Just four months in from the start of vaccine distribution, we’re still in the process of understanding how the vaccine affects our collective protection, including if people can still spread the virus after they’ve been vaccinated and how many people have to be vaccinated before most can be considered protected. As of April 2021, more than 163.1 million doses have been administered, fully vaccinating 19% of the total U.S. population. That’s hopeful news, but there is still a long way to go before the majority is vaccinated and new COVID-19 cases remain high at nearly 63,500 per day in early April. Keeping our masks on is one of our most effective tools for slowing the spread and protecting ourselves and others while the pandemic persists.

“We need to work together instead of everyone doing what they want. The best way to beat this is to do it as one.”

— Debbie G., Swampscott, Mass.

Wearing a mask increases protection against new viral variants

Multiple variants of the COVID-19 virus have already been documented around the world, including in the United States. And while some viral mutations surface and then disappear, others can endure. New variants detected in the United Kingdom, Brazil, and South Africa have been shown to spread more easily than the original coronavirus. This could lead to an increase in cases, which would increase pressure on our health care systems. To help combat the spread of new viral variants and slow further viral evolution, continued mask-wearing is encouraged. Recently, the CDC also released an update on double masking to improve protection.

“In the upcoming years, I think the medical community will gain further knowledge on COVID, the vaccination immunity, and whether it reflects viral similarities such as the flu antibody response or mutation rate. With the future being so unknown, it seems that more cautious parts of the country will continue to wear masks.”

— Mike J., Middleton, Mass.

Should you consider double-masking?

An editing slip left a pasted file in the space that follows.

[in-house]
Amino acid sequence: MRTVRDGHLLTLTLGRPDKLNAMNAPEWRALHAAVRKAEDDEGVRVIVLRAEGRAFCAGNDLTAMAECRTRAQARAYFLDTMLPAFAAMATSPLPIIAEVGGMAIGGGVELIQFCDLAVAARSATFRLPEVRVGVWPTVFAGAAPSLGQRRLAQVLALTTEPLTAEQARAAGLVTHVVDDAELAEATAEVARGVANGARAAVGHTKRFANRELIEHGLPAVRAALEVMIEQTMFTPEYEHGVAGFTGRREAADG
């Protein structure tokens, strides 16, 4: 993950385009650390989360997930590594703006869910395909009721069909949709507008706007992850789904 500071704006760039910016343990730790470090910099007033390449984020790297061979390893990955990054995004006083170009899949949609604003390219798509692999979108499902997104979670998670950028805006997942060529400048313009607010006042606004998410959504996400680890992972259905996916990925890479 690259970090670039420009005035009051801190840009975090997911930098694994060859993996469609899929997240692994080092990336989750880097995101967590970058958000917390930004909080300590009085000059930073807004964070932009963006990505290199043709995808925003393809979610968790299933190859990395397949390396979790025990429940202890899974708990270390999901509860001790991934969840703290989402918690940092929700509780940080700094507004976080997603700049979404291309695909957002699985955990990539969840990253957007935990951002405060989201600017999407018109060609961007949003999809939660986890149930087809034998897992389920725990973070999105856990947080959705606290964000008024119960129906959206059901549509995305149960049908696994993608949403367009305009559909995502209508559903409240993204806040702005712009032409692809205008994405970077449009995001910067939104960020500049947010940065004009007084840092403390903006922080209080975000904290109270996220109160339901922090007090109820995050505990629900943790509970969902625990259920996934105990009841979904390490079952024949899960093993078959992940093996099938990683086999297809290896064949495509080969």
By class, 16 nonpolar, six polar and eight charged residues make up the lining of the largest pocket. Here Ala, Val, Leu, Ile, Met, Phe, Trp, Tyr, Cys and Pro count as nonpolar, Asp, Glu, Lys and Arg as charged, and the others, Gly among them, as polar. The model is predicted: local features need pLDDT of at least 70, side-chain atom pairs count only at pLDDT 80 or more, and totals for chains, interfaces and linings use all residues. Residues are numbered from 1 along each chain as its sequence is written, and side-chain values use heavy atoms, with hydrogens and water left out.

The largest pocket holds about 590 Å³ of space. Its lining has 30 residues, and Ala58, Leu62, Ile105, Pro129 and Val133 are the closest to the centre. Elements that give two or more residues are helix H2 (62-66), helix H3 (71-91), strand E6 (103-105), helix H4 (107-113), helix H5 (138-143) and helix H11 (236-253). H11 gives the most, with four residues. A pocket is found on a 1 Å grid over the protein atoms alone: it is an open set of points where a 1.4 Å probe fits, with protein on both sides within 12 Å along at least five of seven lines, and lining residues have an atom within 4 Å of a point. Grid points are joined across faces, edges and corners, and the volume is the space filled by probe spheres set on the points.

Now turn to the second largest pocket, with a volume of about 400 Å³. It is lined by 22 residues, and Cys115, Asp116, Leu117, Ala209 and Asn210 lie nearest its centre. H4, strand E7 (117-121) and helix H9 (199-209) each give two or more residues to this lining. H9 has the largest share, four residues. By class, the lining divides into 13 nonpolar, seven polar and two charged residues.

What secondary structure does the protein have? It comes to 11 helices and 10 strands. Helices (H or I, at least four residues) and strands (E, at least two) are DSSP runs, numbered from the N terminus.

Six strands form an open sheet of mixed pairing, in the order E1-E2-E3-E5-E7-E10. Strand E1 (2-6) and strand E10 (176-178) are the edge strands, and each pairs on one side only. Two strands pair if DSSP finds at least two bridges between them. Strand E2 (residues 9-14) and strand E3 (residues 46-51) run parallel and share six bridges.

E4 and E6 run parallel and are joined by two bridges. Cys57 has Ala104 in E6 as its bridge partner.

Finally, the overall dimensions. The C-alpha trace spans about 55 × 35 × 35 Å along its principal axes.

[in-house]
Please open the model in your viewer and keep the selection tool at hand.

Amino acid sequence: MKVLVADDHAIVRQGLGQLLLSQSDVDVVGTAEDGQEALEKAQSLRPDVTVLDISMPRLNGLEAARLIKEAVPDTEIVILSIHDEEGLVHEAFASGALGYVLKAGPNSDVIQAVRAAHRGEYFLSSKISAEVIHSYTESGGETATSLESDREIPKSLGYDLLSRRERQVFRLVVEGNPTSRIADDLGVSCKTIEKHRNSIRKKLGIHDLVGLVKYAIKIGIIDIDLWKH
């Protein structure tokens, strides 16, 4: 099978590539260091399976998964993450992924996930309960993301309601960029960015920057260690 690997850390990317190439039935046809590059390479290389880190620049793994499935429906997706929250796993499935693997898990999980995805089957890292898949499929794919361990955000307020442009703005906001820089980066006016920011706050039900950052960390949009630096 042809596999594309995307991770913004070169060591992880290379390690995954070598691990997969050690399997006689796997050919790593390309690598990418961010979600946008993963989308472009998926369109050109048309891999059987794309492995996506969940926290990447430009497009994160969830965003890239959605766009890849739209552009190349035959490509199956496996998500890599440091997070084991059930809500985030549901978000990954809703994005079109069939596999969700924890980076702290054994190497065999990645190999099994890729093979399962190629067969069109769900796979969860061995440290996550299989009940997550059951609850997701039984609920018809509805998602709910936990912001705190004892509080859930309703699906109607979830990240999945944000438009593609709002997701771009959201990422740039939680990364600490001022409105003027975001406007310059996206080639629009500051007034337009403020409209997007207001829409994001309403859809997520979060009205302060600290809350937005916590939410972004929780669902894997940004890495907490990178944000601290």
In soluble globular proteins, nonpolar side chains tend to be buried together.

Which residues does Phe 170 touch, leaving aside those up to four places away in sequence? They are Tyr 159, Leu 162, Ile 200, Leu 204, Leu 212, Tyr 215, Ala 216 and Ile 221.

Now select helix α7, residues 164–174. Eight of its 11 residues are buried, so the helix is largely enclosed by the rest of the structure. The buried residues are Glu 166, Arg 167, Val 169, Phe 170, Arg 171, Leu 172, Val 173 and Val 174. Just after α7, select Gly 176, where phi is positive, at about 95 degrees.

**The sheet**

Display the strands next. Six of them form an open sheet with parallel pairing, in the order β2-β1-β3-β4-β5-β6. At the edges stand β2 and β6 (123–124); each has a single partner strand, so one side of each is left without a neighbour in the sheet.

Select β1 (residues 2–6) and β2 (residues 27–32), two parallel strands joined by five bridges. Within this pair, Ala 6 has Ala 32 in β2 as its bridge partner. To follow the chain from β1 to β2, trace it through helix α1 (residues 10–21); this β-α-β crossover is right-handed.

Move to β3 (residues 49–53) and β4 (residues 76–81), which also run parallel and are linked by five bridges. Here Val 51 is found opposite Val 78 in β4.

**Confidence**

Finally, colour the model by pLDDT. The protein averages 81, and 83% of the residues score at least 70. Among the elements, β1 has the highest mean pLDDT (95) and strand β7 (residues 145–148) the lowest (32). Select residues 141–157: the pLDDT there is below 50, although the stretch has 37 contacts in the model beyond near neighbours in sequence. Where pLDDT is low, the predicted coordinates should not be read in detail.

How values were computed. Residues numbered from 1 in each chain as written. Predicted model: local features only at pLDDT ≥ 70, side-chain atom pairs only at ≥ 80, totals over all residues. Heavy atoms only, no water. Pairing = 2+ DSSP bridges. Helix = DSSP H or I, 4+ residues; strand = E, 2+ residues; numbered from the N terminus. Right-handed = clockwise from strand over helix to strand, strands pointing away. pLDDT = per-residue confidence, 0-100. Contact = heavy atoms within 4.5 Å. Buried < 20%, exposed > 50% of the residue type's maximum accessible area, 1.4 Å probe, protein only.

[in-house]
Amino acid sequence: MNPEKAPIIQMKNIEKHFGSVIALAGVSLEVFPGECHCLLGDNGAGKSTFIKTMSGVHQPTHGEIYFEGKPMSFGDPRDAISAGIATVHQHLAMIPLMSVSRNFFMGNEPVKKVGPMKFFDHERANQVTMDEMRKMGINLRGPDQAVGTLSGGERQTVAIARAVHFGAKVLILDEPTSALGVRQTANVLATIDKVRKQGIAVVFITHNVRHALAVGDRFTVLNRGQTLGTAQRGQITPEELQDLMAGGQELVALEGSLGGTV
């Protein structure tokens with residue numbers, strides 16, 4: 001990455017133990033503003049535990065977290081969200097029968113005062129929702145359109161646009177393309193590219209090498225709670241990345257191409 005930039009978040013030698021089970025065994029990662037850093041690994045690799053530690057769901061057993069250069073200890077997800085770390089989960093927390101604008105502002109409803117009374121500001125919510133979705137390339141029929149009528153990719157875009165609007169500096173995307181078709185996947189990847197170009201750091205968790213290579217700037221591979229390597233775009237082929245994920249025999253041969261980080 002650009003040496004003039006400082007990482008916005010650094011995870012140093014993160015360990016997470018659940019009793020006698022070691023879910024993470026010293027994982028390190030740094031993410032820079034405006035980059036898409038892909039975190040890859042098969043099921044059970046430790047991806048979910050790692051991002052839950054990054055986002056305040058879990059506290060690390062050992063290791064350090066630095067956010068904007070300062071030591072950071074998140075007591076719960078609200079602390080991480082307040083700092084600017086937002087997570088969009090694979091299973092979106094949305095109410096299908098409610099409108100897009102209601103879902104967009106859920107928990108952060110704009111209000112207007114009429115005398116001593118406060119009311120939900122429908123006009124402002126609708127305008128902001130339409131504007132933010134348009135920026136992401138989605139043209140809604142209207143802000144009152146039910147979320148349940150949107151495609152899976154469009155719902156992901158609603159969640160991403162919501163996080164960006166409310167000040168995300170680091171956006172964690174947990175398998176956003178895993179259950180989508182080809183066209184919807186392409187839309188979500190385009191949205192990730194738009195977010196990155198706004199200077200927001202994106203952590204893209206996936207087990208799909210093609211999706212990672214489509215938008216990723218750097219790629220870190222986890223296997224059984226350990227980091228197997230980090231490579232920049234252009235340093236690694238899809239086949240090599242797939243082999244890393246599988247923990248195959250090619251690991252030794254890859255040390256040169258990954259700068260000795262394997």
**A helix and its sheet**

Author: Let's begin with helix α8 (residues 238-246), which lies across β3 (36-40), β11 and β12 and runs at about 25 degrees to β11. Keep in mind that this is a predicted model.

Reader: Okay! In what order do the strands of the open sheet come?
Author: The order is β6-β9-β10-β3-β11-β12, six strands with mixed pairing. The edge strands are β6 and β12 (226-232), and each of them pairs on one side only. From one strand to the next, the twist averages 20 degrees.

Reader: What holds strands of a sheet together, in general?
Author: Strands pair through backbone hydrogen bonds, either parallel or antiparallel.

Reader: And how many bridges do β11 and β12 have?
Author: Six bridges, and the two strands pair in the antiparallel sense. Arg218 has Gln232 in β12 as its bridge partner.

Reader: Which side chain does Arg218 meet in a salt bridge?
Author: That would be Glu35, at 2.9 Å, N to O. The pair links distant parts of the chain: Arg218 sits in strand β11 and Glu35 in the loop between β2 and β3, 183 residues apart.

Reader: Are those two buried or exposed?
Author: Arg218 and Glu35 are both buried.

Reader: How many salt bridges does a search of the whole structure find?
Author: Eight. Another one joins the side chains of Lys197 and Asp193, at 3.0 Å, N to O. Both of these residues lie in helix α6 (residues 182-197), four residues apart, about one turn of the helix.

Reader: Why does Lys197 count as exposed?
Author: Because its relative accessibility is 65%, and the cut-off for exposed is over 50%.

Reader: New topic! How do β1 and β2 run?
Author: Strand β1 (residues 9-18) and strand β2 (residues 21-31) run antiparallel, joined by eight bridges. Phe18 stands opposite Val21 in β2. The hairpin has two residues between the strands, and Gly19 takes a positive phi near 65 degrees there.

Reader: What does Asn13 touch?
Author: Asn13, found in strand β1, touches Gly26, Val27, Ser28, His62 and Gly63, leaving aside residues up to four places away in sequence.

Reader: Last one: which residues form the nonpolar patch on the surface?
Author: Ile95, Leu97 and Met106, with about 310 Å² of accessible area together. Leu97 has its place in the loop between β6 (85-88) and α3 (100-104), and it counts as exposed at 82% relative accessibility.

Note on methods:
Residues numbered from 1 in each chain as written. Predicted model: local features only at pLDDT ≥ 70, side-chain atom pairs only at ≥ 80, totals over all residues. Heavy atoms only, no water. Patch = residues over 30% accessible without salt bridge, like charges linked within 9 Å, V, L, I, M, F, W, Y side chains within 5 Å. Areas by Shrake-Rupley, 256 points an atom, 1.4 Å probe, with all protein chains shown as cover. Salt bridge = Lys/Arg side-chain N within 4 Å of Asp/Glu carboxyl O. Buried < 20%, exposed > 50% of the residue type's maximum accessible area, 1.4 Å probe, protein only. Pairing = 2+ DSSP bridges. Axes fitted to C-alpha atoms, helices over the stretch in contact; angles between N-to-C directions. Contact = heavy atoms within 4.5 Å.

The benefits of double masking, or layering a cloth mask on top of a surgical mask, are twofold. First, it improves the fit of a mask preventing respiratory droplets potentially containing the virus from leaving or entering the mask. Second, it increases the mask’s filtration power making it difficult for potential virus-containing droplets to travel through to the mouth and nose. Here’s a breakdown of the efficacy of double masking according to the CDC’s studies:

In a coughing simulation…

• The double mask blocked 85.4% of aerosol particles compared to 51.4% and 56.1% for a cloth and a surgical mask respectively.

In a breathing simulation…

• When the source was wearing a double mask and the recipient was not, the aerosol exposure of the unmasked recipient was reduced by 82.2%.

• When the recipient was wearing a double mask and the source was not, the aerosol exposure of the double-masked recipient was reduced by 83%.

• When both the source and the recipient wore a double mask, aerosol exposure was reduced by 96.4 percent

As ready as we are to hang up our masks for good, they continue to protect us and those around us against COVID-19 and its new variants, as well as other transmissible illnesses. With a year of learnings behind us and a future we can’t predict, we can be sure that masks will protect us and our loved ones from the challenges ahead. 

“It’s hard to think of life ‘after COVID.’ I think wearing a mask will always be a part of how we conduct ourselves going forward. Just like the flu shot, we’ll get the vaccine and probably keep wearing masks.”

— Carrie R., Brighton, Mass.

Masks continue to prove they’re a valuable asset for the long haul, protecting us and those around us against COVID-19 and other transmissible illnesses. With a year of learnings behind us and a future we can’t predict, it may be better to proceed cautiously and hang onto your collection of masks for protection beyond the pandemic. And in the meantime, continue to mask up to limit the spread of COVID-19, its variants, and other contagious respiratory infections. 

This content was written by the advertiser and edited by Studio/B to uphold The Boston Globe's content standards. The news and editorial departments of The Boston Globe had no role in its writing, production, or display.